It was a cold, drizzly Autumn Saturday, and the afternoon cried out for a return to normal weekend life. In Chile, regardless of the weather, weekends are perfect for drives along the coast to enjoy the beauty of the ocean and savor the daily catch at one of the innumerable restaurants dotting the main roads.
Our destination of choice was Lenga, a small fishing and beach community, southwest of Talcahuano, and yet unknown to our eyes. According to Adolay, one of our “adopted nephews” and companion for the trip, Lenga had been spared from the mass destruction of the tsunami, and was most likely to have businesses open.
It was around dusk when we arrived in Lenga. As we drove into town, I was surprised to see the number of cars parked along the road, and the groups of people strolling on the beach. Families were even posing together on the breaker wall to capture the day’s adventure in pixels. It seemed that we weren’t the only ones longing for normalcy.
Much to our amazement, virtually every ocean-side block was packed with a plethora of Mom-and-Pop restaurants and shops. It was far more than we had expected to find, and it was apparent that our challenge wasn’t to find one restaurant open, but to scout out the most appealing among many.
After parking the car, Sergio stopped a local woman crossing the street to ask her opinion of what was the best in town. A restaurant favored by the locals had to be good. The woman gave a smile and then nodded towards a building on the far corner. Her preference was Puerto Elero, housed in a blue, one storey building with many windows to watch street life go by.
Puerto Elero was a large, boisterous family-friendly establishment, with children running around the tables, and conversations loud and joyful. The accoutrements were simple, tables were grouped to accommodate many, and the floors were bare. It reminded me of a Midwestern diner, casual, unpretentious and carefree.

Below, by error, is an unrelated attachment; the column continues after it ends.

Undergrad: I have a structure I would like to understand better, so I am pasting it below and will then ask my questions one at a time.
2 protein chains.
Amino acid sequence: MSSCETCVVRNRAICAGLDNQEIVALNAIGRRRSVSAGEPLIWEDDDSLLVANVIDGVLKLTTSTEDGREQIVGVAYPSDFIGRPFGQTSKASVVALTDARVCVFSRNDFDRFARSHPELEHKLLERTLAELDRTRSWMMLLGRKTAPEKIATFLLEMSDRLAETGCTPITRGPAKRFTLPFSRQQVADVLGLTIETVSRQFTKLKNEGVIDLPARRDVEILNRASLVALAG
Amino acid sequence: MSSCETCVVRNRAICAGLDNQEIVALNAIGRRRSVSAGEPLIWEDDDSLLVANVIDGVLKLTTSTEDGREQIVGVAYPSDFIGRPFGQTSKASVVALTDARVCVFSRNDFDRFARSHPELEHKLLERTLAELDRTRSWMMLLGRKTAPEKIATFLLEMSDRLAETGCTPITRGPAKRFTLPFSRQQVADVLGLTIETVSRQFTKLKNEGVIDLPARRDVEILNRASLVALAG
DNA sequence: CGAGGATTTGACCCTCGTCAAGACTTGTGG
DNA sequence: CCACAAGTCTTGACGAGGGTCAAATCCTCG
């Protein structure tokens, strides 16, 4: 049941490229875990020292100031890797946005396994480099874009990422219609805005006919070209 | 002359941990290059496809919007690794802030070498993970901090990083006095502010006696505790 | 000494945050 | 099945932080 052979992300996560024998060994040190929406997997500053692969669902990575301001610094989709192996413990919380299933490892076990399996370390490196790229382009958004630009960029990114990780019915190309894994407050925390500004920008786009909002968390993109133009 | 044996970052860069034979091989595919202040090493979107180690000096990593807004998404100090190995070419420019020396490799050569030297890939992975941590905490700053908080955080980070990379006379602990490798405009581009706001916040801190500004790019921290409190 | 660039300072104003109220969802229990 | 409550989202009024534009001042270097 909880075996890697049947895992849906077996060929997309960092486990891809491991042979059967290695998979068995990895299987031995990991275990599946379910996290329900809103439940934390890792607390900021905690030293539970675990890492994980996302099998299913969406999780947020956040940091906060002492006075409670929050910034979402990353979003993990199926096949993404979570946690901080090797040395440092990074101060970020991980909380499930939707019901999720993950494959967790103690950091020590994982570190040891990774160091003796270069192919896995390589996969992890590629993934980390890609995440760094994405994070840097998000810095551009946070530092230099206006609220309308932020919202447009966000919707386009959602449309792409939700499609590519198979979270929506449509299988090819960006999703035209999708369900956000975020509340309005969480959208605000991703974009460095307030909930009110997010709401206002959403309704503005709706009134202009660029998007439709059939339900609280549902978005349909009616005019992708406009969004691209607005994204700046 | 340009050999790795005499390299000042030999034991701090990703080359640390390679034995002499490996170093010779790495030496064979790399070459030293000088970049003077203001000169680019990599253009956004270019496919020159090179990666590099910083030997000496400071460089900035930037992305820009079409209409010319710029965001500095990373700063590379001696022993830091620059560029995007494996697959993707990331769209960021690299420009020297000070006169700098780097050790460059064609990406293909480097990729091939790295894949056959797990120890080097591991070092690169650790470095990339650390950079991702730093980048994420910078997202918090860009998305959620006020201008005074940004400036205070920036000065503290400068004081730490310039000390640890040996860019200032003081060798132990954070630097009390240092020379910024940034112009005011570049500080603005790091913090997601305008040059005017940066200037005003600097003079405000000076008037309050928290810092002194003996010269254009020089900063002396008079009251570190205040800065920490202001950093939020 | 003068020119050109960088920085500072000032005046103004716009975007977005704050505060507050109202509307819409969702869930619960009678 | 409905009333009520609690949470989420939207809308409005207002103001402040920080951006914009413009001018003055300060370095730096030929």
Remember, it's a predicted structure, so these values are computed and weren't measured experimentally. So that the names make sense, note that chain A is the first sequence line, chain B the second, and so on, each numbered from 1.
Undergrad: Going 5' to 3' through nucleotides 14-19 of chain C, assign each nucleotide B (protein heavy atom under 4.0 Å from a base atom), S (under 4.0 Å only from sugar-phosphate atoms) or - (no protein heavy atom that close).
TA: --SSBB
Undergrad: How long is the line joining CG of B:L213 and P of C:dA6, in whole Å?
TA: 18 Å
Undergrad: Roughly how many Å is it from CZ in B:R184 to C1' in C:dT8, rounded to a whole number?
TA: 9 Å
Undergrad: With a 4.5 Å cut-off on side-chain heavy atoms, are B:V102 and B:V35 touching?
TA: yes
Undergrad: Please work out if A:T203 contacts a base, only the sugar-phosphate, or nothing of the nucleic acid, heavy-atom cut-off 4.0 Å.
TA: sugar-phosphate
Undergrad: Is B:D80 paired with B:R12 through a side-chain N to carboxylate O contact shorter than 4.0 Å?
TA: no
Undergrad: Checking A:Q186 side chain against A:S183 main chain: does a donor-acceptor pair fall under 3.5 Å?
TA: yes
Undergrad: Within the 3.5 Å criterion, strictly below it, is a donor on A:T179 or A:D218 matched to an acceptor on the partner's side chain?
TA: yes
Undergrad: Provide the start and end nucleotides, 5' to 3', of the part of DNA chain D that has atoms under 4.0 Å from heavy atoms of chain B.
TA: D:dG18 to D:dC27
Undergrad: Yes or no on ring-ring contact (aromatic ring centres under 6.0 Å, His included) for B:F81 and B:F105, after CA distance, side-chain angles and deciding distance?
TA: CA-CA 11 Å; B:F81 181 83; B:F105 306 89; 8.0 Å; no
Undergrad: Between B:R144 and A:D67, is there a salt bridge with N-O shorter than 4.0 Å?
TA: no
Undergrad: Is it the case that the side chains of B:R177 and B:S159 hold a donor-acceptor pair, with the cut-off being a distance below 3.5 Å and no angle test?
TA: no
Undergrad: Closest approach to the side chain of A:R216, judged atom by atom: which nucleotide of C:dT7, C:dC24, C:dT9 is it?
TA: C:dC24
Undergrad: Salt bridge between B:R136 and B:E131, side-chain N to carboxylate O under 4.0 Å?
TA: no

We were longing for pescado frito, that is, fried fish, and this seemed to be the perfect place to satisfy our hunger. We started our meal with pisco sours and appetizers of locos prepared two ways, one with mayo and olives, and the other with onions and cilantro. The locos arrived tender, and were served with both a Chilean-style potato salad and shredded lettuce. The pisco sours were perfectly mixed, and elicited exulted sighs of relief.
When walking towards our table, I had noticed that plates were left behind, presumably half eaten, and I thought, oh, oh, that’s not a good sign. However, when our order arrived, I understood the reason for leftovers, for our plates each held an entire side fillet of congrio. For those who have never seen congrio up close, it is a large, long eel that can easily feed an entire family. Now, half of a congrio was being served to just one. Teddie, our new family addition on four legs, was going to be quite happy with his subsequent feast.
The batter was fried to a perfect crispness, leaving the fish succulent and moist. As an accompaniment, I had chosen puré picante, a mashed potato with merken, which is a smoky dried ground hot pepper. The puré was smooth, creamy and well balanced in seasoning. Sergio selected a simple tomato salad, which was fanned across a separate plate. Sopapillas were served, but hardly touched in favor of the main entree.
Adolay had requested a bowl of mariscos, and was in bliss with each spoonful. He raised a spoon to show that generous mix of seafoods. Shrimp, scallops, baby squid, fish, and other sea animals were mingled in a rich broth.
Although the fare was simple, it was well prepared, and a pleasure to eat. The ambiance of Puerto Elero may have been modest, but the meal was rich in flavor and satisfaction. On such a gloomy day, it was just what our spirits needed to be raised.
All in all, we drove back to Concepcion feeling happy and sated. We had found seafood Heaven in a most surprising place.